New International Standard for Partially-Automated Lane-Change Systems proposed by Japan was issued
- An effort to achieve a society with no traffic accidents -
May 7, 2020
The International Organization for Standardization (ISO) issued a new international standard proposed by Japan for lane change systems with automated steering control under monitoring by a driver. This issuance is expected to contribute to the dissemination of vehicles with a vehicle control system installed, which will lead to a decrease in the number of traffic accidents on expressways and other public roads.
Aiming to reduce damage caused by traffic accidents with vehicles traveling in a straight line, which accounts for the majority of vehicle collision accidents, the ISO has already issued ISO 22839:2013 (Forward vehicle collision mitigation systems) and ISO19237:2017 (Pedestrian detection and collision mitigation systems) as international standards stipulating performance requirements for collision mitigation systems. And in line with this, manufacturers have commercialized some types of passenger vehicles with such systems that meet these standards.
Vehicle collisions also occur during vehicle lane changes as seen in the fact that over 7,000 accidents involving injury or fatality occurred according to the 2015 statistics.* In addition, many drivers are generally unskilled at changing lanes (see Figure 1), and particularly, driving while checking conditions in the reverse direction in the adjacent lane in addition to looking forward is a heavy burden on drivers.
Against this backdrop, manufacturers have already commercialized some types of vehicles with a built-in system for partially automated lane-changing maneuvers in order to reduce the burden on drivers. In response to this trend, Japan clarified the performance requirements of such systems and filed a proposal with the ISO for international standardization to ensure a certain level of performance of such systems.
- Figure 1: Driving techniques that drivers feel that they are not very good at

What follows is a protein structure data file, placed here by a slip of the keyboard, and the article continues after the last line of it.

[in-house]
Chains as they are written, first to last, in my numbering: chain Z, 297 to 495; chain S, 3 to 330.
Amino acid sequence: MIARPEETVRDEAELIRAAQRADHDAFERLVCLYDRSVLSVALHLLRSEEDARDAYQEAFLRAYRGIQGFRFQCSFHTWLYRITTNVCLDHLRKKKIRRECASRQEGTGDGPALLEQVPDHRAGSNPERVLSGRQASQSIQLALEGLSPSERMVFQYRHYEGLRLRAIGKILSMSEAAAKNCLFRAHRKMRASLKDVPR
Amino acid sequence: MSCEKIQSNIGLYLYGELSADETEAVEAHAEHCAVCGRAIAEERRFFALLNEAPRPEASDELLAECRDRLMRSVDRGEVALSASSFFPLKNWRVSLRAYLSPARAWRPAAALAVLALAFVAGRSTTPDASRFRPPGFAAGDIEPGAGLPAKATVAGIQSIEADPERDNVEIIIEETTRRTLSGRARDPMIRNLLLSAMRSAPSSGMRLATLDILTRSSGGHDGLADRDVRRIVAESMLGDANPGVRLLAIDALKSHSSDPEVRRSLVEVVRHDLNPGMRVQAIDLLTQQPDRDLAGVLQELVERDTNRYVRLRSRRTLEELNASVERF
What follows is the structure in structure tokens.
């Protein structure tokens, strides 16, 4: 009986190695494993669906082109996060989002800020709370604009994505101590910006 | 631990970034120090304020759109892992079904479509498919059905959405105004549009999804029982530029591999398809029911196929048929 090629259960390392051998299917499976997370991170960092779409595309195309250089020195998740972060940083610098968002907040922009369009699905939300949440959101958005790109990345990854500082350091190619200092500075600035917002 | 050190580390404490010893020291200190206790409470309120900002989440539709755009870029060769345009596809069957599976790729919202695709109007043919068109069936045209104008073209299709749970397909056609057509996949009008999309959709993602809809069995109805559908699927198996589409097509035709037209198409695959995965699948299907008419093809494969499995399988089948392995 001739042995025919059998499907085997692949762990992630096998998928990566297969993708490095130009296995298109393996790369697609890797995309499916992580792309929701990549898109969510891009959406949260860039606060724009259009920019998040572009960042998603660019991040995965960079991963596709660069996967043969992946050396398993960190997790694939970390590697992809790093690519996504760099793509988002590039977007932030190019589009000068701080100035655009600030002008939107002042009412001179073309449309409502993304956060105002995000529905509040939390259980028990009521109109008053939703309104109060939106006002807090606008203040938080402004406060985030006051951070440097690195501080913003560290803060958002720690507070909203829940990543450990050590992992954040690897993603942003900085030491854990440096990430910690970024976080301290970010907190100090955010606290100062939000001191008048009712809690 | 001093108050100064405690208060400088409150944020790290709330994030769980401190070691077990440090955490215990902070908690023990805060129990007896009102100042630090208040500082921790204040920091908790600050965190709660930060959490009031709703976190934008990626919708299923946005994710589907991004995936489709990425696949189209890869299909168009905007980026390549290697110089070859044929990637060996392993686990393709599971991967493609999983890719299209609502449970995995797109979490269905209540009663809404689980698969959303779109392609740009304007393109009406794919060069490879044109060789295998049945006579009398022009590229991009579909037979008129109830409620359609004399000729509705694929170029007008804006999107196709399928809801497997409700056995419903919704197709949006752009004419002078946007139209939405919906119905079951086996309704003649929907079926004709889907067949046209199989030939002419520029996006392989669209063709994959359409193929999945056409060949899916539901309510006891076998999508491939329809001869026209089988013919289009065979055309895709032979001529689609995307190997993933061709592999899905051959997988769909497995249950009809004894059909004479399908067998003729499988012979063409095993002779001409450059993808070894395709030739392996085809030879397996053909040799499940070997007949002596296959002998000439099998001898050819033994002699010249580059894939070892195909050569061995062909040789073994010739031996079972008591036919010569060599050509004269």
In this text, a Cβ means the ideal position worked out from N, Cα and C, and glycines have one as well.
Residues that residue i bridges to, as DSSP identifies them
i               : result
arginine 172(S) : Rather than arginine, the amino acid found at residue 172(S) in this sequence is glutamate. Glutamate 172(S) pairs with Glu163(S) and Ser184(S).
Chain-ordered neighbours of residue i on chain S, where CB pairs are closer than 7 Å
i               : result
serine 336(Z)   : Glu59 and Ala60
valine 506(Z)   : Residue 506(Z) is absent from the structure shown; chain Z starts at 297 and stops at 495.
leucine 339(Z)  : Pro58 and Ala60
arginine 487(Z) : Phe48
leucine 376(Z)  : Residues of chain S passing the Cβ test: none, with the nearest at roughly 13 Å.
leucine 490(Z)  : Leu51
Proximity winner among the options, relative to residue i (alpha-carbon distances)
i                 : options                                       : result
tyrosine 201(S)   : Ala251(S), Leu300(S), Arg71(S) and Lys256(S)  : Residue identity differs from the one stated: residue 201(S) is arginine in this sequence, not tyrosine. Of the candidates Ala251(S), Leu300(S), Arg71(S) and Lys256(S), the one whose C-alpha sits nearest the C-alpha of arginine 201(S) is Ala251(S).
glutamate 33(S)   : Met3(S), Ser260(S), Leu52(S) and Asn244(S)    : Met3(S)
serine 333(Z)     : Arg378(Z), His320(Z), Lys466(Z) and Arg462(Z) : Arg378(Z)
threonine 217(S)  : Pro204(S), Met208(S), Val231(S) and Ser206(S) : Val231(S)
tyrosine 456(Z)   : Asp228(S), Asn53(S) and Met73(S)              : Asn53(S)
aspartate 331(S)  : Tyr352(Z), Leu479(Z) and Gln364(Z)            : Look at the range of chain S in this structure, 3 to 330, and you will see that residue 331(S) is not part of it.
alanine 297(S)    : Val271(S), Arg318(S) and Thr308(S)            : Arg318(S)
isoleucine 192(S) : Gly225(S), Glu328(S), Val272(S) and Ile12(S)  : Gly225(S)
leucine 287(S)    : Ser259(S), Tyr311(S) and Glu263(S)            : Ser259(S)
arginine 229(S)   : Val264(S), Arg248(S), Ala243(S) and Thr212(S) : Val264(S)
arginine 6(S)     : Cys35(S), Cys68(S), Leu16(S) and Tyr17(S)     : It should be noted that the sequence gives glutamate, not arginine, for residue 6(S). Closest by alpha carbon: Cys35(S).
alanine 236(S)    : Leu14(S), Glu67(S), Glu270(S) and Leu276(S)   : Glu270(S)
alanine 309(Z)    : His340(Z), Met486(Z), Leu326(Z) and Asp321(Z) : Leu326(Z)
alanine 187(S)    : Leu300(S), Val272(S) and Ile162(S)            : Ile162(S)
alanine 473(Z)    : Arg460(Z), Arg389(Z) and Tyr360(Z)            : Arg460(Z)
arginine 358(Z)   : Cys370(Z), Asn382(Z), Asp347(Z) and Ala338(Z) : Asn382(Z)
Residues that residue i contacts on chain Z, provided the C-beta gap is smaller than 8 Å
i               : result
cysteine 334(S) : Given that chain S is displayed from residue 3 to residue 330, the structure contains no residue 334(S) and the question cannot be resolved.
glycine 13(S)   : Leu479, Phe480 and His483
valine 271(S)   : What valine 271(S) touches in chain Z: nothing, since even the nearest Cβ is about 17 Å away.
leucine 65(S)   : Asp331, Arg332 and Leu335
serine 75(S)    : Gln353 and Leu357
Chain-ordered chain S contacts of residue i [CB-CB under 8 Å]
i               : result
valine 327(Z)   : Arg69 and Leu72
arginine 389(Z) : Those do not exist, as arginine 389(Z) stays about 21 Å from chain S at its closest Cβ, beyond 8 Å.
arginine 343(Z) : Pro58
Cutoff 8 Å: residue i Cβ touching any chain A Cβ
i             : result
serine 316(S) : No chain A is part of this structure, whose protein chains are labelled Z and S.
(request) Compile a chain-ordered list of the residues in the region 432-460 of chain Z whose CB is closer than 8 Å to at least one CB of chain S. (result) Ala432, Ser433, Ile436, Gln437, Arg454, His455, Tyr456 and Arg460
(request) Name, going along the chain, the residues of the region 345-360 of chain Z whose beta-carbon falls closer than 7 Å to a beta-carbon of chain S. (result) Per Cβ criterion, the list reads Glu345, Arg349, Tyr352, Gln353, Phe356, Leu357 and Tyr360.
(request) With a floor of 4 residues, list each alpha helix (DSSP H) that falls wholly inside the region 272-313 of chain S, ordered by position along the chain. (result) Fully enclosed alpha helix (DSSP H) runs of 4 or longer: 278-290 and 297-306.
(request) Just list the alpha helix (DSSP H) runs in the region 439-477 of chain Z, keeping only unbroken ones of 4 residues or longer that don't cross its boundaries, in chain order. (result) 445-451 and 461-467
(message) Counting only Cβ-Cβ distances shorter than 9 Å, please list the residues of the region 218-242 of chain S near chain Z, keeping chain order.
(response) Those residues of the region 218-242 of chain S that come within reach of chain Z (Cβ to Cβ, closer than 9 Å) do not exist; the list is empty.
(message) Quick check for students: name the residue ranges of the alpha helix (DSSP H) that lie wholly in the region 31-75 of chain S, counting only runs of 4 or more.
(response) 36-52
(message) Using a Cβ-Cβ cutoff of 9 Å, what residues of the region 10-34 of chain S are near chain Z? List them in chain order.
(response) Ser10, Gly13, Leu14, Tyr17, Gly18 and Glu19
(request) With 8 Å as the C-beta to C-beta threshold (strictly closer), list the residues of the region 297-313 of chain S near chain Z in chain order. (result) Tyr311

2. Outline of the international standards
The newly issued international standard ISO 21202 (Partially automated lane change systems)** classifies the systems into two types: Type 1 is for systems for which the driver decides to make a lane change and the vehicle then undertakes the maneuver automatically based on the driver’s decision, and Type 2 is for systems for which the vehicle proposes a lane change and only undertakes the maneuver based on the driver’s approval. And the standard stipulates requirements and verification test methods for these systems.
This standard requires Type 1 to have an obstacle detection function for areas that are blind spots for drivers near the vehicle and requires Type 2 to have a system that covers a wider area behind the vehicle.
In August 2017, Japan submitted a proposal for a new standard with the ISO / TC204 (intelligent transport systems) / WG14 (vehicle/roadway warning and control systems), in which Japan serves as the chair. In response, on April 27, 2020, the ISO issued this as a new standard.***
- Figure 2: Concept of the functions and operations of the vehicle with the partially-automated lane-change systems
3. Expected effects
These systems that undertake significant portions of lane-change maneuvers, for which many drivers are unskilled, will help drivers concentrate on making sure that conditions surrounding their vehicles are safe. This issuance of a new international standard is expected to contribute to the dissemination of vehicles with such a built-in system having a certain level of performance worldwide and also to a decrease in the number of traffic accidents related to this maneuver. Moreover, the new international standard will contribute to successfully decreasing the number of global fatal traffic accidents by half by 2020, the target year set in the Sustainable Development Goals policy of the United Nations.****
*1: Experts from “Analysis of Fatal and Injury Accidents Caused by Vehicles during Lane Changing,” Compiled by the Japan Automobile Manufacturers Association, Inc. and the Institute for Traffic Accident Research and Data Analysis in March 2017
**2: Official title of ISO 20900: 2019:
ISO 21202:2020 Intelligent transport systems — Partially automated lane change systems (PALS) — Functional / operational requirements and test procedures
***3: This successful standardization is partly due to the achievements under the Project for Establishing New International Standards for Energy Conservation and Promoting the Dissemination of Such Standards (international standards development for energy conservation; international standardization category); (international standardization for advanced road transportation system and establishment of bases for popularization of these standards), which METI has commissioned to a private entity.
****4: United Nations Information Center (Activities by the United Nations Statistical Commission for the 2030 Agenda for Sustainable Development)
- International Organization for Standardization
- Standardization of Intelligent Transport Systems (ITS) 2019, the Society of Automotive Engineers of Japan, Inc. (in Japanese)
Division in Charge
International Standardization Division, Industrial Science and Technology Policy and Environment Bureau